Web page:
TOTAL 10426898


The Net NPV after 4 years is 411802

(10426898 - 10015096 )






Calculating Net Present Value (NPV) at 20%


If the risk component is high in the industry then we should go for a higher hurdle rate / discount rate of 20%.

Years              Cash Flow     Net Cash Flow     Cumulative    
Cash Flow
Discount Rate
@ 20 %
Discounted
Cash Flows
Year 0 (10015096) -10015096 - -
Year 1 3448146 -6566950 3448146 0.8333 2873455
Year 2 3954756 -2612194 7402902 0.6944 2746358
Year 3 3946448 1334254 11349350 0.5787 2283824
Year 4 3223930 4558184 14573280 0.4823 1554750
TOTAL 9458388


The Net NPV after 4 years is -556708

At 20% discount rate the NPV is negative (9458388 - 10015096 ) so ideally we can't select the project if macro and micro factors don't allow financial managers of Sakhalin Shell to discount cash flow at lower discount rates such as 15%.



Acceptance Criteria of a Project based on NPV

Simplest Approach – If the investment project of Sakhalin Shell has a NPV value higher than Zero then finance managers at Sakhalin Shell can ACCEPT the project, otherwise they can reject the project. This means that project will deliver higher returns over the period of time than any alternate investment strategy.

In theory if the required rate of return or discount rate is chosen correctly by finance managers at Sakhalin Shell, then the stock price of the Sakhalin Shell should change by same amount of the NPV. In real world we know that share price also reflects various other factors that can be related to both macro and micro environment.

In the same vein – accepting the project with zero NPV should result in stagnant share price. Finance managers use discount rates as a measure of risk components in the project execution process.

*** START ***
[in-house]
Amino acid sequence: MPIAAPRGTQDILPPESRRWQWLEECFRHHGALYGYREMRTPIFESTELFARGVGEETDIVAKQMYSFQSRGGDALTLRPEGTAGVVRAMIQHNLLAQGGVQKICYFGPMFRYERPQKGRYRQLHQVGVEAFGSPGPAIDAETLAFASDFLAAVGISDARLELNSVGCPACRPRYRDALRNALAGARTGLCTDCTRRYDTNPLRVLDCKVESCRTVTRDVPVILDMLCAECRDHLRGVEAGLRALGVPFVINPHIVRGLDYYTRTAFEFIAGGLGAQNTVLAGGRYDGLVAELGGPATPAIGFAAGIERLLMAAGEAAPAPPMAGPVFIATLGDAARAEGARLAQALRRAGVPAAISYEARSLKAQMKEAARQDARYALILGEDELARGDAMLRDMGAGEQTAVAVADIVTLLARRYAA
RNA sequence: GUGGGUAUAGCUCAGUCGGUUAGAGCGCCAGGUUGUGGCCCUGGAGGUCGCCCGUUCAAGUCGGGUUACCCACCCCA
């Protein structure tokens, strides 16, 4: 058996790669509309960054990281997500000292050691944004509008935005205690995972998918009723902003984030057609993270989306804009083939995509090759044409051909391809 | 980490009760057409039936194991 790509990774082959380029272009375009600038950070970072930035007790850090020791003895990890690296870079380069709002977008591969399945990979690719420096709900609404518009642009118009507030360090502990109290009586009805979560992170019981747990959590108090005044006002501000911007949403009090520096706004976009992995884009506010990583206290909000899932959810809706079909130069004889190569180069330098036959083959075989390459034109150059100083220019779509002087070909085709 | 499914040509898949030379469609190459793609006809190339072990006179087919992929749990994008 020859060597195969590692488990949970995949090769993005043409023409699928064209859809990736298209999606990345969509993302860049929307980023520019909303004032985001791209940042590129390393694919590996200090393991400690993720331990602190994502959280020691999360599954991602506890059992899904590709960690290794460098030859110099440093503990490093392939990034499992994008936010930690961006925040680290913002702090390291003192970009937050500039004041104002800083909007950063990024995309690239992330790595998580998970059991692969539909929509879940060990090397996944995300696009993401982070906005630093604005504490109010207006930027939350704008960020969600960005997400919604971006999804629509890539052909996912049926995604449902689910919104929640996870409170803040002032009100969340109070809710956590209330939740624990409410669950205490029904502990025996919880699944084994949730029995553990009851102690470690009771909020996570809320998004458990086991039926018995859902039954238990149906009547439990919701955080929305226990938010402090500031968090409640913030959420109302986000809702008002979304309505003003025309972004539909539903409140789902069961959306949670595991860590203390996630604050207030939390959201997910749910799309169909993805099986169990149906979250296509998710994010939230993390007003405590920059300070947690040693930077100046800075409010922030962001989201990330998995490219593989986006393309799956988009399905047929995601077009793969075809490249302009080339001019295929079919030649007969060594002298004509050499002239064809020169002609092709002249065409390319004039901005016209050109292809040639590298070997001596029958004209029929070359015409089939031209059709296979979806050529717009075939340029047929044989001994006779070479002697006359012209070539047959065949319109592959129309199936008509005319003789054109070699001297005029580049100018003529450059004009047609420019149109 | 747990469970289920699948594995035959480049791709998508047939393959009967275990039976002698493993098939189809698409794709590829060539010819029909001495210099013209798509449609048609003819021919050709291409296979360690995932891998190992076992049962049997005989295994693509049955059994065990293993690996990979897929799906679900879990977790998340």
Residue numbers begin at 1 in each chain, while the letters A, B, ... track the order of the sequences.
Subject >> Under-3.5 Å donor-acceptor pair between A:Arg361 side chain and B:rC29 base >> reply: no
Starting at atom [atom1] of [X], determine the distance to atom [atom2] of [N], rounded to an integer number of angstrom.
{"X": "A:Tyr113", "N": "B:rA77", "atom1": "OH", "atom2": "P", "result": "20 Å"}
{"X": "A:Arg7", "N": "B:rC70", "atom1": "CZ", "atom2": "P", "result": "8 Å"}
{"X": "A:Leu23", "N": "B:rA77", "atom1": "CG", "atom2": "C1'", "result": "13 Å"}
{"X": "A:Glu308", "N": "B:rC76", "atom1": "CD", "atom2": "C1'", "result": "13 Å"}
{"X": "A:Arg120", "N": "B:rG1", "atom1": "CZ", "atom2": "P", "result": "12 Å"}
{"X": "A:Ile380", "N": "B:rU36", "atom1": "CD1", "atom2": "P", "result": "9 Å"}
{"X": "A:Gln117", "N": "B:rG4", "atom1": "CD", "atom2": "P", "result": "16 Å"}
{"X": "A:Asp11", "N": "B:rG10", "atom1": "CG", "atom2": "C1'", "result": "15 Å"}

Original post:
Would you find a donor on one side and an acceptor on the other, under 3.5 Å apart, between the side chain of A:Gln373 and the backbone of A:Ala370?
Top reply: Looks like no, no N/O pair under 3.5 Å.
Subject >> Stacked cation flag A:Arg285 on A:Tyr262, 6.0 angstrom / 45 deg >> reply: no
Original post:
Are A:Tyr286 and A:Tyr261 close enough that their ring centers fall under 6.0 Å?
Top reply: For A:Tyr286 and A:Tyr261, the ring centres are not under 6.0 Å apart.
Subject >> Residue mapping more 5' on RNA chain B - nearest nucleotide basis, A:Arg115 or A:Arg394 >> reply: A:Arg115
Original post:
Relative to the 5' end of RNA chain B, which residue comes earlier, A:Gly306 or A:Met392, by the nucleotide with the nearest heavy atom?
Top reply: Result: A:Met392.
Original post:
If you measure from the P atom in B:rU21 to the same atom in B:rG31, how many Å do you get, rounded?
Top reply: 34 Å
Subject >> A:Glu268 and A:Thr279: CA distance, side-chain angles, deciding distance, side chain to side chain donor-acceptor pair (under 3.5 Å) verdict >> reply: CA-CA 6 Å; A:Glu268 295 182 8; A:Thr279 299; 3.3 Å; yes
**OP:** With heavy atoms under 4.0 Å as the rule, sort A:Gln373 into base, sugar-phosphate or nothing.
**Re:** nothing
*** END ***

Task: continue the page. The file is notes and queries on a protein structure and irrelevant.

Sensitivity Analysis

Project selection is often a far more complex decision than just choosing it based on the NPV number. Finance managers at Sakhalin Shell should conduct a sensitivity analysis to better understand not only the inherent risk of the projects but also how those risks can be either factored in or mitigated during the project execution. Sensitivity analysis helps in –

What are the uncertainties surrounding the project Initial Cash Outlay (ICO’s). ICO’s often have several different components such as land, machinery, building, and other equipment.

What are the key aspects of the projects that need to be monitored, refined, and retuned for continuous delivery of projected cash flows.

Understanding of risks involved in the project.

What can impact the cash flow of the project.

What will be a multi year spillover effect of various taxation regulations.

Some of the assumptions while using the Discounted Cash Flow Methods –

Projects are assumed to be Mutually Exclusive – This is seldom the came in modern day giant organizations where projects are often inter-related and rejecting a project solely based on NPV can result in sunk cost from a related project.

Independent projects have independent cash flows – As explained in the marketing project – though the project may look independent but in reality it is not as the brand awareness project can be closely associated with the spending on sales promotions and product specific advertising.




References & Further Readings

Rawi Abdelal (2018), "Journey to Sakhalin: Royal Dutch/Shell in Russia (A) Harvard Business Review Case Study. Published by HBR Publications.